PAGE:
I can’t tell you how disappointing that moment was for me. Perhaps Jobs believes what he said, but it’s a ridiculous claim. Setting aside the issue that people should really make decisions for themselves about what they want to do with their devices, and that the iPhone OS has parental controls that could be used to block adult content from appearing on kids’ devices, Jobs’ statement was also completely counterfactual.

There’s porn on the iPhone now. Not only does the iPhone have free and easy access to all the porn on the Web, but there’s even an iPhone Porn App Store that sells (web-based) porn apps that work on unmodified iPhone OS devices.

Another reason Apple has probably been hesitant to open up the iPhone to unapproved apps is, that people will write malicious apps, and the damage those apps cause could harm Apple and tarnish the iPhone's image. It's true, so far as it goes. But of course, people can jailbreak their iPhones now, and we've already seen reports of iPhone malware on those phones. At this point the iPhone and the App Store are so established that I don't see how any unapproved malware running on devices set to operate outside the protection of the App Store could seriously backfire on Apple.

I understand Apple’s reasons for wanting to control the content on the App Store. But at this point I think it’s time for the company to, once and for all, bat down the biggest liability of what has become its most important platform.

I don’t think the company needs to stop controlling what apps get in the App Store. All Apple needs to do is add a new feature, buried several menu items down in the Settings app, that mirrors the one found on Android devices: an option that lets you install Apps from “unknown sources.” If a user tried to turn this option on, they’d get a scary warning about how these sources couldn’t be trusted, and that they may lead to instability, crashes, loss of data, you name it. Scary stuff.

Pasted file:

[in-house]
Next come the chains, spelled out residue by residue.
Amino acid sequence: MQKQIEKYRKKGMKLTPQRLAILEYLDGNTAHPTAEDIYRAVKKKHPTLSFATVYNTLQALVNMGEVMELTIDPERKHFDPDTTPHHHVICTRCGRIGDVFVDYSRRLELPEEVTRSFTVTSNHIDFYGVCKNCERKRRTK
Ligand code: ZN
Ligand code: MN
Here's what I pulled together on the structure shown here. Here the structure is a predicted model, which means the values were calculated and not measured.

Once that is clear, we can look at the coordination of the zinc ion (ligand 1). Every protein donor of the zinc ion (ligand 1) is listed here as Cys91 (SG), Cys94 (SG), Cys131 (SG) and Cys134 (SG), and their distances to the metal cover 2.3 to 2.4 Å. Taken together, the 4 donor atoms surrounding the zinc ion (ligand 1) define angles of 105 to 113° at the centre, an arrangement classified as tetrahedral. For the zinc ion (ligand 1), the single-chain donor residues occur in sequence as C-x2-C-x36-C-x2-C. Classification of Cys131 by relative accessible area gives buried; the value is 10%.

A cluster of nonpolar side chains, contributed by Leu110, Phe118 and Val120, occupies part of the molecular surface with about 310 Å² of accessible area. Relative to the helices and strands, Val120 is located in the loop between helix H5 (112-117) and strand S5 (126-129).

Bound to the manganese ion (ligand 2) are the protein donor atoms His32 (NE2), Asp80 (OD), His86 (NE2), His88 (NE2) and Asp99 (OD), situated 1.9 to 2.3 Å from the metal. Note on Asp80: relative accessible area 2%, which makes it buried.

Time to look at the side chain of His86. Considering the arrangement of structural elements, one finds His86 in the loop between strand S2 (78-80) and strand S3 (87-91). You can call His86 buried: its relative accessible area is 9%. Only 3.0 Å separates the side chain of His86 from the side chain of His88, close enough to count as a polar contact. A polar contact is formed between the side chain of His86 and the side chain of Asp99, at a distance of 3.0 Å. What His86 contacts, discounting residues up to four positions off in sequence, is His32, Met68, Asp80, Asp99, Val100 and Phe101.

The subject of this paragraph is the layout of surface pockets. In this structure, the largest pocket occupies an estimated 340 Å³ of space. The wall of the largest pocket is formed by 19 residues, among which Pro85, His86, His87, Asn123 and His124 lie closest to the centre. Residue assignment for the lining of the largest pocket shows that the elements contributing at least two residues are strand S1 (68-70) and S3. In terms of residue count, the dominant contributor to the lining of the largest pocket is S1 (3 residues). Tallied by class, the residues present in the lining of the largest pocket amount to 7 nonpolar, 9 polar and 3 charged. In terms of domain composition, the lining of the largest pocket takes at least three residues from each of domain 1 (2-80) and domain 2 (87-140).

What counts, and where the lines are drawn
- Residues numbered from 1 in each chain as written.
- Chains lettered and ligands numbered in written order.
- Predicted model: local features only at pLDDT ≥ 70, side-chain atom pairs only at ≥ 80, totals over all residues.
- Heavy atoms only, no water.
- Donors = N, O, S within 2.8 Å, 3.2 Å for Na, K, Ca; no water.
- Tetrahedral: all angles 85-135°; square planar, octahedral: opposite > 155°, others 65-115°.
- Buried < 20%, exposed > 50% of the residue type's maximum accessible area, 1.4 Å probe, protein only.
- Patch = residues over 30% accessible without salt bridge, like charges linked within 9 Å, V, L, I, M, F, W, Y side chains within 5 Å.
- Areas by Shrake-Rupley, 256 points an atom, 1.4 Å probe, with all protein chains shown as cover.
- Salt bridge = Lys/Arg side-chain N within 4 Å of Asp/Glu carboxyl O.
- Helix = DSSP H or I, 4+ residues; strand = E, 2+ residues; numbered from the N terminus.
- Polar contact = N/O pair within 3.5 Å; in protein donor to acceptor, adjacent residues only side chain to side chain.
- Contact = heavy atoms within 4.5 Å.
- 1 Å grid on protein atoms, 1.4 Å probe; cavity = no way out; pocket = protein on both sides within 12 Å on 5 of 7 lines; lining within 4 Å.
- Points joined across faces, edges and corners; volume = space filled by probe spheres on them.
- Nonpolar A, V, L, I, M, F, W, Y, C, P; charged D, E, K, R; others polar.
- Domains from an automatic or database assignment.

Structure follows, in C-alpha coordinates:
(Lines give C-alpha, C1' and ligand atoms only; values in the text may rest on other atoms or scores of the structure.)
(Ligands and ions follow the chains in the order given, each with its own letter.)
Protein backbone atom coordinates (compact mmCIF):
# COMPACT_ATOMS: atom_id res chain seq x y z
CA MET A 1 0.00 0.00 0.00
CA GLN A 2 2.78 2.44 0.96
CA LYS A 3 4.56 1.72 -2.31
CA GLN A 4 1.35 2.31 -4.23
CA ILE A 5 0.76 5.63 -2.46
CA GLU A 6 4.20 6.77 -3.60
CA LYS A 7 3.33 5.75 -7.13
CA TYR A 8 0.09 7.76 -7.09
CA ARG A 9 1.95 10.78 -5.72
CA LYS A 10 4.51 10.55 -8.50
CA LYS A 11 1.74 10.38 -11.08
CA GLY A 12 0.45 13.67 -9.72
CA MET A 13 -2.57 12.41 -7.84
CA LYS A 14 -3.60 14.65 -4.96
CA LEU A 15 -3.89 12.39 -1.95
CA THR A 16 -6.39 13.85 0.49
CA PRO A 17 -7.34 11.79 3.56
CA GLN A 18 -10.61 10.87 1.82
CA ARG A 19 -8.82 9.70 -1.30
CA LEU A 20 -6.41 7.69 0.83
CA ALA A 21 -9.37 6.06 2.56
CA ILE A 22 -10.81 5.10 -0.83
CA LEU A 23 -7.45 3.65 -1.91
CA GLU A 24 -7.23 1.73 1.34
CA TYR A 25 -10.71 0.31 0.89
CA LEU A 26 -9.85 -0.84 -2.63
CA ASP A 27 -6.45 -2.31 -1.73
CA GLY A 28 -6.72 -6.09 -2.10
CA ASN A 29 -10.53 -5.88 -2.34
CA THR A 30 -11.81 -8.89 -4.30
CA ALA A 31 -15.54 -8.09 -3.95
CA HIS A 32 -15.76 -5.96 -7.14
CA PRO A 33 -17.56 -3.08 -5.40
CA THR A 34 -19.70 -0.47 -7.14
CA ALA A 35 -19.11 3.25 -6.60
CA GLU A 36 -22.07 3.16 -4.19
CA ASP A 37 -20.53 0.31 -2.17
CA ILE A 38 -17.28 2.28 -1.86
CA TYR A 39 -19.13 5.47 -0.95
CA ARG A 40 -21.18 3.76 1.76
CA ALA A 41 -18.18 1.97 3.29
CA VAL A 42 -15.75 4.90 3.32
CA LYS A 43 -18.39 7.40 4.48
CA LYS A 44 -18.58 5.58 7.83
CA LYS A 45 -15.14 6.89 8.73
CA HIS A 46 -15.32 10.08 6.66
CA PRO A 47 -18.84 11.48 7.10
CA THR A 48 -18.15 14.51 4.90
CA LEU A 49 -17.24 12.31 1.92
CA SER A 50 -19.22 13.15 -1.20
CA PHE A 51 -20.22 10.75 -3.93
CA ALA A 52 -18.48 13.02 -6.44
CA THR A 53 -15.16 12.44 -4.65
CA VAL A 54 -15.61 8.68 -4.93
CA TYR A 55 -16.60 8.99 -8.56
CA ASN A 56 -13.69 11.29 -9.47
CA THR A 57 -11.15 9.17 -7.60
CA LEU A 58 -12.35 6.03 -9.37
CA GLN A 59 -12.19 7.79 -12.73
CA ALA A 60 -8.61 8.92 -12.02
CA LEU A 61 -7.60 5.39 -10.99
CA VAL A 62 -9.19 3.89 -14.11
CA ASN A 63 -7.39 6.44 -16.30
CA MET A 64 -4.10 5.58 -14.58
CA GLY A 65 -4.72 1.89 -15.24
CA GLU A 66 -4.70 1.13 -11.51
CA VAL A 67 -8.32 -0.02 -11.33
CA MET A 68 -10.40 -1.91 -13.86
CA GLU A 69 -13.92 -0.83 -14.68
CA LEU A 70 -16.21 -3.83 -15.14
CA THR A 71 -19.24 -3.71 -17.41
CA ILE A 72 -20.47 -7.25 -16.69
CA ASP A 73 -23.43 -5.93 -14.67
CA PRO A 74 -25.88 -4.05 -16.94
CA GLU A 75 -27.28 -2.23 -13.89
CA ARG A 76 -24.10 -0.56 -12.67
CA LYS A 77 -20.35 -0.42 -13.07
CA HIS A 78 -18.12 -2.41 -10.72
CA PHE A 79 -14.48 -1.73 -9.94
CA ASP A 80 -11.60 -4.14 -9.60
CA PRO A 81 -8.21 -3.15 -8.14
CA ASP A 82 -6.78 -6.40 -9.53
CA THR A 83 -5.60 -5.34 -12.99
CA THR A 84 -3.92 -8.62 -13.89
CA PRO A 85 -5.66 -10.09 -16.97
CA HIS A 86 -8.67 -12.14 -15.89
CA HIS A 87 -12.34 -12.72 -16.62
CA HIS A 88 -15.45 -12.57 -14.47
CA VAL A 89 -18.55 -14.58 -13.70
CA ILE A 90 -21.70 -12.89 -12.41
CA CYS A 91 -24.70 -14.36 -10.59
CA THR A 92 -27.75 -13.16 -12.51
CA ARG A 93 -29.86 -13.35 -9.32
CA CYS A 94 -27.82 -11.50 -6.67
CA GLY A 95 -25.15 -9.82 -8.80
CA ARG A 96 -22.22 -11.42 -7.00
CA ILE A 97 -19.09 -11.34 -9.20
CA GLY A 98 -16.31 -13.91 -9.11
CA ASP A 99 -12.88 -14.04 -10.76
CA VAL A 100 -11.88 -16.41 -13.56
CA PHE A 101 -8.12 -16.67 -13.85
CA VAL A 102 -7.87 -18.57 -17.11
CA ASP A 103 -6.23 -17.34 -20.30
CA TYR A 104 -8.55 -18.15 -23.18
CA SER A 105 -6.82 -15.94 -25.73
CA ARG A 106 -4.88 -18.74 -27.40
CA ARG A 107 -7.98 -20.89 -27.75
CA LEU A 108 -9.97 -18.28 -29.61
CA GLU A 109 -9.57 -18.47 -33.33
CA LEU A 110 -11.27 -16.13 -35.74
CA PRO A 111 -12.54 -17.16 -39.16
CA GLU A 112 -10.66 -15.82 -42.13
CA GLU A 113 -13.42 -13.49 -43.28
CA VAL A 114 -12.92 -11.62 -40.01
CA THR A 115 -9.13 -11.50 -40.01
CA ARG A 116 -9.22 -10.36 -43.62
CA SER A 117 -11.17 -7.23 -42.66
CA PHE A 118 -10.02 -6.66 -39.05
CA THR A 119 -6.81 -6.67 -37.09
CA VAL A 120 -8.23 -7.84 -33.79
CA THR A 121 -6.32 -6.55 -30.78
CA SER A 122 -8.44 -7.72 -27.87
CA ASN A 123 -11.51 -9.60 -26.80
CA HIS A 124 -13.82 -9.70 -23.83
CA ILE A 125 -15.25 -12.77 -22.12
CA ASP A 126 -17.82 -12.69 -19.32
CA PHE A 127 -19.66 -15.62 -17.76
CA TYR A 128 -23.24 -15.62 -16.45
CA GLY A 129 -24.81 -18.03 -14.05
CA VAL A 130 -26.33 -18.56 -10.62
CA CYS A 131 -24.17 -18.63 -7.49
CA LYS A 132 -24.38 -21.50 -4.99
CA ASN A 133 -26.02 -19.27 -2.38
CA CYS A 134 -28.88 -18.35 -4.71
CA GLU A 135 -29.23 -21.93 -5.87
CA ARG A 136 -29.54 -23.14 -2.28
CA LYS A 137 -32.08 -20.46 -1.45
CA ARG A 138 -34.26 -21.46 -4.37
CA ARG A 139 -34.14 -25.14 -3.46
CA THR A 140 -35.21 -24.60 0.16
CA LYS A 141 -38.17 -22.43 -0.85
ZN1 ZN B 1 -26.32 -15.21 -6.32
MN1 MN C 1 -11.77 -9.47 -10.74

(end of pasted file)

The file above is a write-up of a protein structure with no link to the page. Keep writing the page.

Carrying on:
Most users will never find that setting. Many who do will be loath to turn it on. But by putting it there, Apple immediately shuts up every single claim that the iPhone isn’t open. (Just as iPhone OS 4’s multitasking feature is debatably not “true multitasking,” no doubt many tech insiders would immediately howl that allowing unapproved apps isn’t truly “open,” but I don’t think regular consumers would notice.)

This is why I am surprised that Apple hasn’t taken this step earlier: By keeping the App Store closed, and by using a rigorous approval process, most iPhone OS users would never, ever consider installing an unapproved third-party app. Even in a world where unapproved apps can get loaded on an iPhone, developers will desperately want to be in the App Store.

(And who knows? Perhaps Apple would even feel free to tighten the screws on App Store approvals even further in such a scenario, to make the contents of the store even more groomed and filtered.)

The Flash flap and the constant drumbeat of ridiculous App Store rejections over the past couple of years have given Apple a black eye, and I’m starting to think that consumers are noticing—with the help of Apple’s competitors, who have suddenly realized that they need to throw some punches if they have any hope of competing with Apple.

It’s a situation that can be cured quickly. But it will require Apple to relinquish some small amount of control and swallow a little bit of its pride. Those are both hard things to ask of Apple, but I think it’s time we started asking. Otherwise I fear that Apple pride in the App Store will be followed by exactly what you'd expect: a fall.